2. Unusual Chickens for the Exceptional Poultry Farmer. Kelly Jones. 2015. Random House. 224 pages. [Source: Review copy]
  3. The Mysterious Woods of Whistle Root. Christopher Pennell. Illustrated by Rebecca Bond. 2011/2013. HMH. 215 pages. [Source: Review copy] 
  4. Breakthrough: How Three People Saved "Blue Babies" and Changed Medicine Forever. Jim Murphy. 2015. Houghton Mifflin Harcourt. 144 pages. [Source: Review copy]  
  5. Eight Cousins. Louisa May Alcott. 1874. 224 pages. [Source: Bought]
  6. Eat Your U.S. History Homework. Ann McCallum. 2015. Charlesbridge. 48 pages. [Source: Review copy]
Young Adult: 
  1. The Night Gardener. Jonathan Auxier. 2014. Abrams. 350 pages. [Source: Bought]  
  2. The Wise Girl's Guide to Life. Robin Brande. 2015. Ryer Publishing. 109 pages. [Source: Review copy] 
  3. MARTians. Blythe Woolston. 2015. Candlewick. 224 pages. [Source: Review copy]
Adult books:
  1. All Things Murder. Jeanne Quigley. 2014. 411 pages. [Source: Library] 
  2. Let the Hurricane Roar. Rose Wilder Lane. 1932. 118 pages. [Source: Borrowed]
  3. Goblin Market and Other Poems. Christina Rossetti. 1862. 208 pages. [Source: Bought]
  4. Reading Picture Books With Children: How to Shake Up Storytime and Get Kids Talking About What They See. Megan Dowd Lambert. 2015. Charlesbridge. 176 pages. [Source: Review copy]
Christian Fiction:
  1. Verses, 1847. Christina Rossetti. [Source: Bought] 
  2. The Christmas Joy Ride. Melody Carlson. 2015. Revell. 176 pages. [Source: Review copy]
  3. Huckleberry Hearts. Jennifer Beckstrand. 2015. Kensington. 352 pages. [Source: Review copy]
  4. Keeping Christmas. Dan Walsh. 2015. Revell. 224 pages. [Source: Review copy]
Christian Nonfiction:  
  1. Family Worship. Donald S. Whitney. 2016. Crossway. 64 pages. [Source: Review copy]
  2. Exalting Jesus in 1 & 2 Timothy and Titus. David Platt, Dr. Daniel L. Akin, and Tony Merida. 2013. B&H. 336 pages. [Source: Bought] 
  3. Advent in Narnia: Reflections for the Season. Heidi Haverkamp. 2015. Westminster John Knox Press. 96 pages. [Source: Review copy]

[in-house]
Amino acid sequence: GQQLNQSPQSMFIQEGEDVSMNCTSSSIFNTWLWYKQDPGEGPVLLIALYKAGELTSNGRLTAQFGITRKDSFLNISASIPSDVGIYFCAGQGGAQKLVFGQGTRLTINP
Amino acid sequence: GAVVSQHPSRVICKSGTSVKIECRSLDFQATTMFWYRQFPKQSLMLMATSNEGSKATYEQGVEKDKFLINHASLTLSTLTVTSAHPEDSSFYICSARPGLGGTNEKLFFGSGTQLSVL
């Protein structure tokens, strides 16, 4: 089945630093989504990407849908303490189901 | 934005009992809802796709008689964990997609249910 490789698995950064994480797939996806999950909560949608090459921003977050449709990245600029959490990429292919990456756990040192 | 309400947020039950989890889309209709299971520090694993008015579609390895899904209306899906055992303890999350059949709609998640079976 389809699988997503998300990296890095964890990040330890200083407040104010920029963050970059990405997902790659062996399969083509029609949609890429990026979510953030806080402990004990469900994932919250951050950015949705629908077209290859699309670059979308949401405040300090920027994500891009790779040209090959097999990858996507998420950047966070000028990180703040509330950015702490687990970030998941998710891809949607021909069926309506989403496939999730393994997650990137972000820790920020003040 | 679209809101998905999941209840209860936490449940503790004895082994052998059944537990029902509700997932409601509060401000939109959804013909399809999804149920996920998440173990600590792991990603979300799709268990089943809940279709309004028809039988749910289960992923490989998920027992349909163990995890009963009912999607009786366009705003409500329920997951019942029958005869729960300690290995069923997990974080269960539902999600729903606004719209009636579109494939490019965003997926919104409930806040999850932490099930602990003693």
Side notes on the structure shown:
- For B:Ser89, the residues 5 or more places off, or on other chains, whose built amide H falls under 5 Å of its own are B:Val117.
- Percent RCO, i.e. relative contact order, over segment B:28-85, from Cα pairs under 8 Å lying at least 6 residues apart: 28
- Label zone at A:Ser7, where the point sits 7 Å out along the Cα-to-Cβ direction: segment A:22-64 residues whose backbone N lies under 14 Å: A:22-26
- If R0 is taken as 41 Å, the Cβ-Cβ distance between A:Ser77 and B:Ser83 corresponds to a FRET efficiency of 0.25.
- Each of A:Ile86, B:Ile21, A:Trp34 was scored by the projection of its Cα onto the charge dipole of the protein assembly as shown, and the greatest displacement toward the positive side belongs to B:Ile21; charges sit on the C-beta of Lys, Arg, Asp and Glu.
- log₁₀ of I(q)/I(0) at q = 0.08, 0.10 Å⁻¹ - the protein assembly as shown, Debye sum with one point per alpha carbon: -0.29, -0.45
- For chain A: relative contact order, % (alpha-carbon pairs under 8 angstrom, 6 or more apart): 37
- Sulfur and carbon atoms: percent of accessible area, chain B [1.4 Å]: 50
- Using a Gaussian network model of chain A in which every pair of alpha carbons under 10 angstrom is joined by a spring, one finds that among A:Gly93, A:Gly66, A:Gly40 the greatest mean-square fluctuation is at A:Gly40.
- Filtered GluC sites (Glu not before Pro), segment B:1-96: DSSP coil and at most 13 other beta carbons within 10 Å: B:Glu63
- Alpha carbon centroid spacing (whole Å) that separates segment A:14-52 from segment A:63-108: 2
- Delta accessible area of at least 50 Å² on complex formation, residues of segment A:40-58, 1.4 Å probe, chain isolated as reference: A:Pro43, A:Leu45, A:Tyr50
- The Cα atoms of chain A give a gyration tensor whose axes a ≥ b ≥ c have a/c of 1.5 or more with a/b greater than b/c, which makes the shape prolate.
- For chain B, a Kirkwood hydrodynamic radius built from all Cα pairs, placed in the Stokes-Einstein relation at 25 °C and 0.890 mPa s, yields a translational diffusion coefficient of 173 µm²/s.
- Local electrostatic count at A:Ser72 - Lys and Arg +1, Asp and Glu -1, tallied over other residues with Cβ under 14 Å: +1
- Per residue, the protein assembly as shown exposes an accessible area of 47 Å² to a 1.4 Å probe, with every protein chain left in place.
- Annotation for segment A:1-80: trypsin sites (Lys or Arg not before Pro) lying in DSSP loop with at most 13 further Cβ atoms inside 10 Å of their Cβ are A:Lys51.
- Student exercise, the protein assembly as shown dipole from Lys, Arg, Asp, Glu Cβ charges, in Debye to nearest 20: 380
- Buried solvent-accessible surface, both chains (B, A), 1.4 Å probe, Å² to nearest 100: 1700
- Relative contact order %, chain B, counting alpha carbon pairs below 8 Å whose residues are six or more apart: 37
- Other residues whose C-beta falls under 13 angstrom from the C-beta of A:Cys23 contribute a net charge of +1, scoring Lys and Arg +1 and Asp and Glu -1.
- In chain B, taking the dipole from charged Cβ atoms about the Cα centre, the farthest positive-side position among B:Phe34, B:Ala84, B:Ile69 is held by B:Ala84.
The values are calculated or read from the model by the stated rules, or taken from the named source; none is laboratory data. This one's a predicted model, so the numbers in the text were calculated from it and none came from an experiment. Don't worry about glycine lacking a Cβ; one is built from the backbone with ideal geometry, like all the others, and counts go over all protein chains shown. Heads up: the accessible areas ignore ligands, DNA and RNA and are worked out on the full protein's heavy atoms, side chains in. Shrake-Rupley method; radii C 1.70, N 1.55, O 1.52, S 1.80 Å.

4. The 30 Day Praise Challenge For Parents. Becky Harling. 2014. David Cook. 240 pages. [Source: Bought]
  5. Like Jesus: Shattering Our False Images of the Real Christ. Jamie Snyder. 2016. [February 2016] 192 pages. [Source: Review copy]
  6. Martyn Lloyd-Jones: His Life and Relevance for the 21st Century. Christopher Catherwood. 2015. Crossway. 160 pages. [Source: Review copy]
  7. Delighting in God. A.W. Tozer. 2015. Bethany House. 208 pages. [Source: Review copy] 
  8. Jesus On Every Page: 10 Simple Ways to Seek and Find Christ in the Old Testament. David. P. Murray. 2013. Thomas Nelson. 246 pages. [Source: Library] 
  9. Owen on the Christian Life. Matthew Barrett and Michael A.G. Haykin. 2015. Crossway. 304 pages. [Source: Review copy] 
  10. Silent Night. Joseph Mohr. Illustrated by Susan Jeffers. 1984/2003. Penguin. 32 pages. [Source: Bought]

© 2015 Becky Laney of Becky's Book Reviews

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7. Pick of the Week for CITY and This Week’s Topic



Happy Illustration Friday!

Please enjoy the wonderful illustration above by Anna Gavrilyuk, our Pick of the Week for last week’s topic of CITY. Thanks to everyone who participated with drawings, paintings, sculptures, and more. We love seeing it all!

You can see a gallery of ALL the entries here.

And of course, you can now participate in this week’s topic:


Here’s how:

Step 1: Illustrate your interpretation of the current week’s topic (always viewable on the homepage).

Step 2: Post your image onto your blog / flickr / facebook, etc.

Step 3: Come back to Illustration Friday and submit your illustration (see big “Submit your illustration” button on the homepage).

Step 4: Your illustration will then be added to the public Gallery where it will be viewable along with everyone else’s from the IF community!

Also be sure to follow us on Facebook and Twitter and subscribe to our weekly email newsletter to keep up with our exciting community updates!


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8. Browsings